It had been a long summer and I was well and truly ready to get back to work, so when I had to face 360 students in two different sessions at Glenealy School, for their book week, I was rearing to go. I had visited the school in 2014 and I was suitably impressed by the changes. I was led into the state of the art auditorium by Giselle Stone, the best librarian in town, so I have been told. She explained how everything was new and with a press of a button all the seats could disappear. I also had a tour of the library which was super organised, welcoming and well-stocked.
Whenever I go to a school and I am speaking to a large group I only feel comfortable once I have met the tech support and tested the mic and slide show. Without a hitch this happened within a few minutes.
It always helps to have a professional photographer on site so when a lady appeared with a large camera and started taking some pictures I knew they would be good. Thank you Hardeep for the photos.
I started off with 180 students of Year 4 – Year 6 and we discussed my books, watched some inspirational videos and I did a reading from my latest book, The Fallen TetraStars. We travelled to some destinations in the book; Stonehenge, The Colosseum, York and the Alps. I even got time to talk about my life experiences in Kenya which led me to write The Boat Race.
The first chapter of The Fallen TetraStars, the third adventure story in the series, takes Zack and Kante to Europe where they meet the phantoms of the Colosseum, Barb the furry mountain man, the Griffinion androids and many more. The book starts with a letter from Captain Krun, King Kra’s uncle informing the Banana People stranded in Africa that their rescue mission star ship which has been searching for them for years has now landed on planet Earth. The space ship and crew are stranded and need their help. Zack Kante and Ria must find the TetraStars that have been planted by the ship to locate them.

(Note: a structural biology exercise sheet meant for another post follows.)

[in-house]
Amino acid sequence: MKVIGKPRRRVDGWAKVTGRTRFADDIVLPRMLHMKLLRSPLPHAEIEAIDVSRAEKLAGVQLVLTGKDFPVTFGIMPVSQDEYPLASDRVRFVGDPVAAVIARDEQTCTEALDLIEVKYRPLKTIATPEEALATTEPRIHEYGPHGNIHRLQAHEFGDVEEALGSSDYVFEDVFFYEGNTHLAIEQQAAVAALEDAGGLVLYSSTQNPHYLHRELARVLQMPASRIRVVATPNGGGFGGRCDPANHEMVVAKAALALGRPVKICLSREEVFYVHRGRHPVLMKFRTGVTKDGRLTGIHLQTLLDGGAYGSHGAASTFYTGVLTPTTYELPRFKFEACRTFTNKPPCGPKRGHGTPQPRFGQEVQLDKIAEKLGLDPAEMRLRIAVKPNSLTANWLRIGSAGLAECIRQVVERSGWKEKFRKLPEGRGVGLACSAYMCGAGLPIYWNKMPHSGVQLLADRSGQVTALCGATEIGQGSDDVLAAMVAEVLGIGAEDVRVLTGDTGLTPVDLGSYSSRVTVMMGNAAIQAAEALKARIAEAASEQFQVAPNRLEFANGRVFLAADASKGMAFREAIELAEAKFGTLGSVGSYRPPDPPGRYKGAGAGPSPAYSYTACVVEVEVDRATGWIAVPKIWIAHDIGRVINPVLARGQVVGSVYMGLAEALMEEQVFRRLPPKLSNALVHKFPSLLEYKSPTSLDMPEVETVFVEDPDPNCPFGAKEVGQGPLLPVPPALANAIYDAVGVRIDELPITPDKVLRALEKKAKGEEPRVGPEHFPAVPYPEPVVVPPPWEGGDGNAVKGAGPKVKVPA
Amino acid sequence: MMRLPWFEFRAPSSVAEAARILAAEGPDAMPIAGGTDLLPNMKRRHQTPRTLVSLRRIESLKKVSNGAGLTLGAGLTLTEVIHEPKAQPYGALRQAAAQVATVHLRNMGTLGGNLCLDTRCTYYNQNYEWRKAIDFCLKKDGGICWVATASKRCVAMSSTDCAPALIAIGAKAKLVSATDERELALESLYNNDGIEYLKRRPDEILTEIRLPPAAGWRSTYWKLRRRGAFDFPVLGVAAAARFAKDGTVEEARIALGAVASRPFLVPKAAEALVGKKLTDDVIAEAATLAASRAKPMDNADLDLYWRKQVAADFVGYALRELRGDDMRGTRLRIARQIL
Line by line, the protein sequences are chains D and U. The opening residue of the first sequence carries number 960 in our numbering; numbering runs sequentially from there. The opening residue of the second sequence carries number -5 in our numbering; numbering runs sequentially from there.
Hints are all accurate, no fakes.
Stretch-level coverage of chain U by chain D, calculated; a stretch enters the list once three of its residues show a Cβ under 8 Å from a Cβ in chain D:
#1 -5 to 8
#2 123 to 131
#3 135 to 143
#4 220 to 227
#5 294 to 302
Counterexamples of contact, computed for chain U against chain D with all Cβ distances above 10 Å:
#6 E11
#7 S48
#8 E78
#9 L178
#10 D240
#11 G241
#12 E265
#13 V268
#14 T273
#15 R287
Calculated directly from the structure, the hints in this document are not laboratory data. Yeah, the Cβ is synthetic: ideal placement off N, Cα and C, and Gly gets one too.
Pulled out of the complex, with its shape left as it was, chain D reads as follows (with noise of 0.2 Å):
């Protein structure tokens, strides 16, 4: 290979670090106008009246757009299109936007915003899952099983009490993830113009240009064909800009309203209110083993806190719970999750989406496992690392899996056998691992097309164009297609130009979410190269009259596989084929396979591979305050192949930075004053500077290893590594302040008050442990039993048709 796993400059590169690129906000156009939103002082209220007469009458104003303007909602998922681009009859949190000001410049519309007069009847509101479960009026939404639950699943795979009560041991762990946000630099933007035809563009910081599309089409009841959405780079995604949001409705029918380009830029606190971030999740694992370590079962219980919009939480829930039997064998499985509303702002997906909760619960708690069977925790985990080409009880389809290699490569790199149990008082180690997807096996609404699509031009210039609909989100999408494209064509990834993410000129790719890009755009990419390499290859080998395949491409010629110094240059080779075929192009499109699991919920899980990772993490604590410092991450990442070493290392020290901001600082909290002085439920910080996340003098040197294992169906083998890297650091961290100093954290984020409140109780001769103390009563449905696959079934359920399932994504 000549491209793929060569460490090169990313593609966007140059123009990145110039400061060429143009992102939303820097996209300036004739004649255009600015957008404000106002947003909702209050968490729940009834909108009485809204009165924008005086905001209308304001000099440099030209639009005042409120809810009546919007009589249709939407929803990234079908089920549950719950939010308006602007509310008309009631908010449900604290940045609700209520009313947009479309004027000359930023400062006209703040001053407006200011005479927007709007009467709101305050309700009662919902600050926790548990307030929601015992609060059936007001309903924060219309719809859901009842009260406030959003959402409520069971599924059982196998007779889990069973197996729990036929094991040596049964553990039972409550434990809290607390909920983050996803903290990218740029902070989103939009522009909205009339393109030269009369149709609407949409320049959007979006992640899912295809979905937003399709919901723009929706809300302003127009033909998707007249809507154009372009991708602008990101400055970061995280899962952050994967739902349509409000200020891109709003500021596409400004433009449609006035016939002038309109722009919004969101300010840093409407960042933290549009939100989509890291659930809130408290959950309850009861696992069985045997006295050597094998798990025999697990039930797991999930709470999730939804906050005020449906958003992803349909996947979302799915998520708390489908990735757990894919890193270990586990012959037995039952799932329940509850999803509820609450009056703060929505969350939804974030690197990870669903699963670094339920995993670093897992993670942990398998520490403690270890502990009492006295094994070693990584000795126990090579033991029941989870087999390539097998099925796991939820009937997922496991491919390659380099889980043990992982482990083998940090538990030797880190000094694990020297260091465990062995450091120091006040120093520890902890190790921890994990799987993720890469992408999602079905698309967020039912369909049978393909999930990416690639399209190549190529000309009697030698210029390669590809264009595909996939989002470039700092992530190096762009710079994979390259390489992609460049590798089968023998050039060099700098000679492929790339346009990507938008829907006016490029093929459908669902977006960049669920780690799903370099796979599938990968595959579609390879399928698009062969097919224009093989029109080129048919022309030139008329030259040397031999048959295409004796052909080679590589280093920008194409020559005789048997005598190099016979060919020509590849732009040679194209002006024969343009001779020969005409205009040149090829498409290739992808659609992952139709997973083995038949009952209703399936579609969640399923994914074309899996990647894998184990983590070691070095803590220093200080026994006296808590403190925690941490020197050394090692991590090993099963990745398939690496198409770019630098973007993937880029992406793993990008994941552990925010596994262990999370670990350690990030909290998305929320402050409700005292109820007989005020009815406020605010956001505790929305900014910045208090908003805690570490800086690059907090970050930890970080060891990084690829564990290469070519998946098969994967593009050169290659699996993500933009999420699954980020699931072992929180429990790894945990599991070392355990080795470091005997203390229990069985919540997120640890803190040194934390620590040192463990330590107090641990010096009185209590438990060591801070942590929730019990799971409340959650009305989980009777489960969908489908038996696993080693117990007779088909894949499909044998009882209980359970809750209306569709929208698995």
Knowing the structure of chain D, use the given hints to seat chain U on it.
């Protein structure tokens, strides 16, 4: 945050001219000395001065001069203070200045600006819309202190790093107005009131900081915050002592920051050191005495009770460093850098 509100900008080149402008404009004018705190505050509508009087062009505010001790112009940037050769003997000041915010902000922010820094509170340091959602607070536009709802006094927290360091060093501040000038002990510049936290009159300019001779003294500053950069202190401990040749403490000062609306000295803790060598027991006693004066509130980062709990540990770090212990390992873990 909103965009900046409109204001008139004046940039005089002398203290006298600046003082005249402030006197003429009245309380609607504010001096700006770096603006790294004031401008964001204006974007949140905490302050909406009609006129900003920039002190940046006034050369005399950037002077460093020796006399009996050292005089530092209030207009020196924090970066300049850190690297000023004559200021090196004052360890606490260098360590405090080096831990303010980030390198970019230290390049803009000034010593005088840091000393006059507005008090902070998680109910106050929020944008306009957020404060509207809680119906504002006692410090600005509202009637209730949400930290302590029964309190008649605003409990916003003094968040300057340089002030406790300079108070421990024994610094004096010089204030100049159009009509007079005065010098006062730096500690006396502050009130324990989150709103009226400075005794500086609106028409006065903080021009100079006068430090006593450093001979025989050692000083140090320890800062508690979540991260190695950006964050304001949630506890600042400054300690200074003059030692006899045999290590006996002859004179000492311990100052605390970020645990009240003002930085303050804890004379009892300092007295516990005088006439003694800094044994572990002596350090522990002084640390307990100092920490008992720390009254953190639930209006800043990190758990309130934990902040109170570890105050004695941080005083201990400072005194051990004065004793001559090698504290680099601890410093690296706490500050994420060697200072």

The children found out that the three books in the Zack and Kante series have been published in Chinese and sold in book stores in Hong Kong. It is a good way for children who read in both languages to compare the books, although the Chinese one is much more colourful with plenty of pictures bringingthe world of the Banana people to life. I usually get asked about the illustrations of my books and I am always proud to say that my son did them for me.
Near the end I had them guessing where the most haunted city in Europe is and they got it right. There are plenty of spooky ghosts in The Fallen TetraStars.
The question and answer session is my favourite time as I get to interact with the children. They asked interesting questions about the illustrations and why I began to write. It leaves me asking myself the same question too – why I am passionate about writing. In reality it enriches my soul to be able to put ideas down on paper and know that someone out there has enjoyed reading what I have written. The session usually ends too fast for my liking and it breaks my heart when there are still many hands up waiting to ask something and I have to take the last question. I would happily stay there all day chatting to these enquiring minds.
Year 1- Year 3 were adorable and extremely attentive. We talked about making paper boats and my experiences as a child in Kenya which kept them suitably amused. It was lovely to see them clapping in tune to the Jambo song. They learnt some words in Swahili and lingered on at the end trying to talk to me and looking at the book marks.
The following day was the day they dressed up for book week and I was fortunate enough to see some photos from a friend. What a marvellous effort they’d made!
I would like to thank Giselle Stone and Phil Sangster for co-ordinating my visit and inviting me to their school and I look forward to seeing them again.